People started living in what’s now called Massachusetts about 12,000 years ago, when retreating glaciers uncovered the land. Some artifacts have even been discovered in lakes and rivers created by melting glaciers. Thousands of years later Native American tribes including the Wampanoag, Mohegan, and Mohican lived on the land.
In 1620 a ship called the Mayflower arrived at Cape Cod carrying settlers called Pilgrims. These people were escaping religious persecution in England and created the first permanent European settlement in New England, called Plymouth. (New England is a region in the northeastern United States that was settled by people from England.) Soon after the Pilgrims celebrated the first Thanksgiving with members of the Wampanoag tribe, which still exists in Massachusetts today.
Massachusetts has been the scene of many historical events. In 1639 America’s first post office opened in Boston. In 1692 and 1693, untrue rumors led to witch hunts in Salem, Massachusetts. And in 1876 Alexander Graham Bell demonstrated the first telephone.
But Massachusetts may be most historically significant for the role its people played in the Revolutionary War. Anger erupted in 1770 after five colonists were killed by British soldiers in what’s known as the Boston Massacre. Three years later, colonists disguised as Native Americans threw cases of tea into Boston Harbor to protest high taxes from England. The event is now known as the Boston Tea Party. In 1775 the Battles of Lexington and Concord became the first fight of the Revolutionary War. The movement of the British troops prompted silversmith Paul Revere to make his famous midnight ride to warn the colonists. Five years after the war ended, Massachusetts became the sixth U.S. state in 1788.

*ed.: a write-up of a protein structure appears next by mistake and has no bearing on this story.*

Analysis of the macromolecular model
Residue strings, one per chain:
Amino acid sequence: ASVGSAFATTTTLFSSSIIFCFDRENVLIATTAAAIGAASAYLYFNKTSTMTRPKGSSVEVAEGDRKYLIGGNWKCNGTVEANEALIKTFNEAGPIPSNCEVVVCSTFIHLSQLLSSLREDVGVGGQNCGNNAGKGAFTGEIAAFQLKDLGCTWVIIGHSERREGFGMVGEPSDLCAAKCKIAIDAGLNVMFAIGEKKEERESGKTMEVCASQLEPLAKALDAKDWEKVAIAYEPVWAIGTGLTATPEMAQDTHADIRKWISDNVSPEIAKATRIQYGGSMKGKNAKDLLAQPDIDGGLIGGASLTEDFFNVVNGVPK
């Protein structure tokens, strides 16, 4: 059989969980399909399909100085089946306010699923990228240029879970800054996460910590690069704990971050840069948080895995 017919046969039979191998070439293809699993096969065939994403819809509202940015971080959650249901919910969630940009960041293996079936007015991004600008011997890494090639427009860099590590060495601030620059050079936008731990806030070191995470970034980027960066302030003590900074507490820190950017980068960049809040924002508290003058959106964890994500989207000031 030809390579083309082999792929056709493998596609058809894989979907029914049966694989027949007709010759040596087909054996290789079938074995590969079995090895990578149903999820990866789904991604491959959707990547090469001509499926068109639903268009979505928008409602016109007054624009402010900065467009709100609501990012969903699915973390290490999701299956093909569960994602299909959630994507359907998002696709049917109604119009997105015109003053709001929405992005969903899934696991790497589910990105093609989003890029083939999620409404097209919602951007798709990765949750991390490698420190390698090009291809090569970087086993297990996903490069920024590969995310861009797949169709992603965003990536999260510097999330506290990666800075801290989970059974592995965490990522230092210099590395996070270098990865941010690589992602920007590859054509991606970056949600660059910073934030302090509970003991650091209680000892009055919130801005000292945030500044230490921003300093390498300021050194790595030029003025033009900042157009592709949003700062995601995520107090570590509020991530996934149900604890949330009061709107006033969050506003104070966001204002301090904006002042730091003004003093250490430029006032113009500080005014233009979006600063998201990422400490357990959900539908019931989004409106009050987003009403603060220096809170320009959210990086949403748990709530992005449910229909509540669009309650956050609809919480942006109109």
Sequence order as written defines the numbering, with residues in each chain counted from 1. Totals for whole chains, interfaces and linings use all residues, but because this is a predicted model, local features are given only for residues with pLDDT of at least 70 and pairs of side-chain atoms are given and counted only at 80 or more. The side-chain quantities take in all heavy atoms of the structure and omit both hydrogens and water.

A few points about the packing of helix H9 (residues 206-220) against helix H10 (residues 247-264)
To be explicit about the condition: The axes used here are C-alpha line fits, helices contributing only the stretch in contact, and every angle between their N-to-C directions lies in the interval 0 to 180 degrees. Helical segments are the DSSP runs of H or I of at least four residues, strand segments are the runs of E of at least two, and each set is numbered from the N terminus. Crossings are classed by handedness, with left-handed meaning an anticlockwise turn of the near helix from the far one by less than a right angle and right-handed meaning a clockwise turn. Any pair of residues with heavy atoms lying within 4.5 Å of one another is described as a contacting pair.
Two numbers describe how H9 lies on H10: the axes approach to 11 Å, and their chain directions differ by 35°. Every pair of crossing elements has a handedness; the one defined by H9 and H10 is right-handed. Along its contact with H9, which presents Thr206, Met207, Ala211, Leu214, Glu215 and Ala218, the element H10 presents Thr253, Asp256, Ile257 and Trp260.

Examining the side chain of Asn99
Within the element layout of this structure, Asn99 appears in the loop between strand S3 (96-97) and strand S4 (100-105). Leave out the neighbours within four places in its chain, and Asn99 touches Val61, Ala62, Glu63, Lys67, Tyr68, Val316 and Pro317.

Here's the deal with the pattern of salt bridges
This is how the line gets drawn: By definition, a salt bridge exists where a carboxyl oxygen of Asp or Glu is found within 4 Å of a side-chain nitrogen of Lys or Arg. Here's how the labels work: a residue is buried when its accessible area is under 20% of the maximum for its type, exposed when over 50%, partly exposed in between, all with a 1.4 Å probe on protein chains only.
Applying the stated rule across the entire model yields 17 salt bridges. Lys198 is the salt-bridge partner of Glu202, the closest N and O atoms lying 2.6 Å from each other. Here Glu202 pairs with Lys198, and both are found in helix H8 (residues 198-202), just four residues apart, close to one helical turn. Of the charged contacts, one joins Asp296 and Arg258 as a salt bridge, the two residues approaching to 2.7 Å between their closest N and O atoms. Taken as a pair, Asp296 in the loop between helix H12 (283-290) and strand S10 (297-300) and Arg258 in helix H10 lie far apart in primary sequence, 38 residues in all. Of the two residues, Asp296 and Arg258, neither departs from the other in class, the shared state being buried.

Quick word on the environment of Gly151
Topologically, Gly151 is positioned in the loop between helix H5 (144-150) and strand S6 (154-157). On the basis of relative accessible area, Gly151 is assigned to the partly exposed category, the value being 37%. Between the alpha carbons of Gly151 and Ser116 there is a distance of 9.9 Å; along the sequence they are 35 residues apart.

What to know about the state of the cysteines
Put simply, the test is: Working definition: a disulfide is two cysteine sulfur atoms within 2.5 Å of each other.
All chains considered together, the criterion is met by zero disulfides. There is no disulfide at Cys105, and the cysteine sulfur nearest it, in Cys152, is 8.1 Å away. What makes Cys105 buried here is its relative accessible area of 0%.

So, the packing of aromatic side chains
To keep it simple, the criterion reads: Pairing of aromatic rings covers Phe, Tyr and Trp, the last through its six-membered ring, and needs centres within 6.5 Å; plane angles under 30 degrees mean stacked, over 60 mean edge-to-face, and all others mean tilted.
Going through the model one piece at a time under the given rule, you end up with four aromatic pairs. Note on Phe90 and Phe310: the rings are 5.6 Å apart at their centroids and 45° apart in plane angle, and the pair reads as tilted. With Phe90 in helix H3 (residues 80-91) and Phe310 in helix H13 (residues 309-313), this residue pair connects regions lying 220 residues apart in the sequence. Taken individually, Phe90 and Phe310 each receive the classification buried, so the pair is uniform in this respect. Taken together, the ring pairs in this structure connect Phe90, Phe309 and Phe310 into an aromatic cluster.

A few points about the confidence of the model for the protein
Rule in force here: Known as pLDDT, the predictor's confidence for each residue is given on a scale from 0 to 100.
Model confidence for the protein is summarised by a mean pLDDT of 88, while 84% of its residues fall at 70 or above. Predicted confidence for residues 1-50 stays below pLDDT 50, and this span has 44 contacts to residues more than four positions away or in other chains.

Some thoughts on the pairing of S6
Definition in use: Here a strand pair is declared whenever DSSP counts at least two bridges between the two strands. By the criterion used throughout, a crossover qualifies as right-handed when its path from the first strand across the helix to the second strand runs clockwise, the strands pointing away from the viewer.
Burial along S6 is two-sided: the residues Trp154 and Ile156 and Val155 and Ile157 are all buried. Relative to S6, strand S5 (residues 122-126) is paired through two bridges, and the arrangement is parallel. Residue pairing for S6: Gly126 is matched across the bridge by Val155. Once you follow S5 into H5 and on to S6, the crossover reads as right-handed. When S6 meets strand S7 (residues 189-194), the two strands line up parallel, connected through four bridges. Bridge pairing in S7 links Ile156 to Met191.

WHY’S IT CALLED THAT?
Massachusetts’ name might come from the Massachusett tribe, whose name can be translated to “near the great hill” or “near the range of hills.” It refers to the Blue Hills, southwest of Boston.
The state’s nickname the Bay State may originate from its many bays, or it might refer to the Massachusetts Bay Company, which was given a royal charter to colonize the land.
GEOGRAPHY AND LANDFORMS
What looks like a big hook in Massachusetts’ eastern coastline is actually land created by glaciers that exposed many rocky bays. Called the Coastal Lowland, this hilly, wet area includes Cape Cod Bay, Martha’s Vineyard, and the Nantucket Islands, all great for fishing, boating, and vacationing.
The center of the state has streams and plains with gentle hills. Toward the west, the land rises into mountains. It includes a popular spot for fall-leaf watching called the Berkshires, as well as Massachusetts’ highest point, Mount Greylock. In the far west are the Taconic Mountains.
Mammals such as black bears, bobcats, eastern coyotes, moose, and white-tailed deer roam around Massachusetts. Bald eagles, wild turkeys, northern cardinals, blue jays, mourning doves, and American robins fly through the state, and snapping turtles, eastern ribbonsnakes, and five-lined skinks are among Massachusetts’ reptiles. Eastern newts, American bullfrogs, and American toads are a few of the Bay State’s best-known amphibians.
Sugar maples, eastern white pines, sycamores, and American elms (the state tree) grow in the state’s forests. Massachusetts is also filled with wildflowers such as New England asters, blue violets, wild bleeding hearts, black-eyed Susans, and oxeye daisies.
The state’s fertile soil and its harbors (the Bay State has more than 1,500 miles of coastline), produce plenty of crops and seafood. Local farmers grow about 25 percent of the cranberries in the United States!
—Boston cream pie—chocolate-iced white cake filled with custard—is the official state dessert. But it’s not the only famous Massachusetts goodie: Chocolate chip cookies were invented here!
—Paul Revere, Benjamin Franklin, John Adams, John Hancock, Susan B. Anthony, and Dr. Seuss (whose real name is Theodor Seuss Geisel) were all born in Massachusetts.
—You can visit Plymouth Rock, the boulder that’s said to be the exact spot where the Pilgrims stepped off the Mayflower. It’s less than half the size today as it was in the 1600s—tourists kept chipping off pieces!
—Boston’s Freedom Trail is a painted line through the city that leads history buffs to 16 official Revolutionary sites—including the Paul Revere House, where Revere lived at the time of his famous midnight ride.
—In the late 1600s about 20 people died because they were accused of witchcraft in a series of hearings called the Salem witch trials.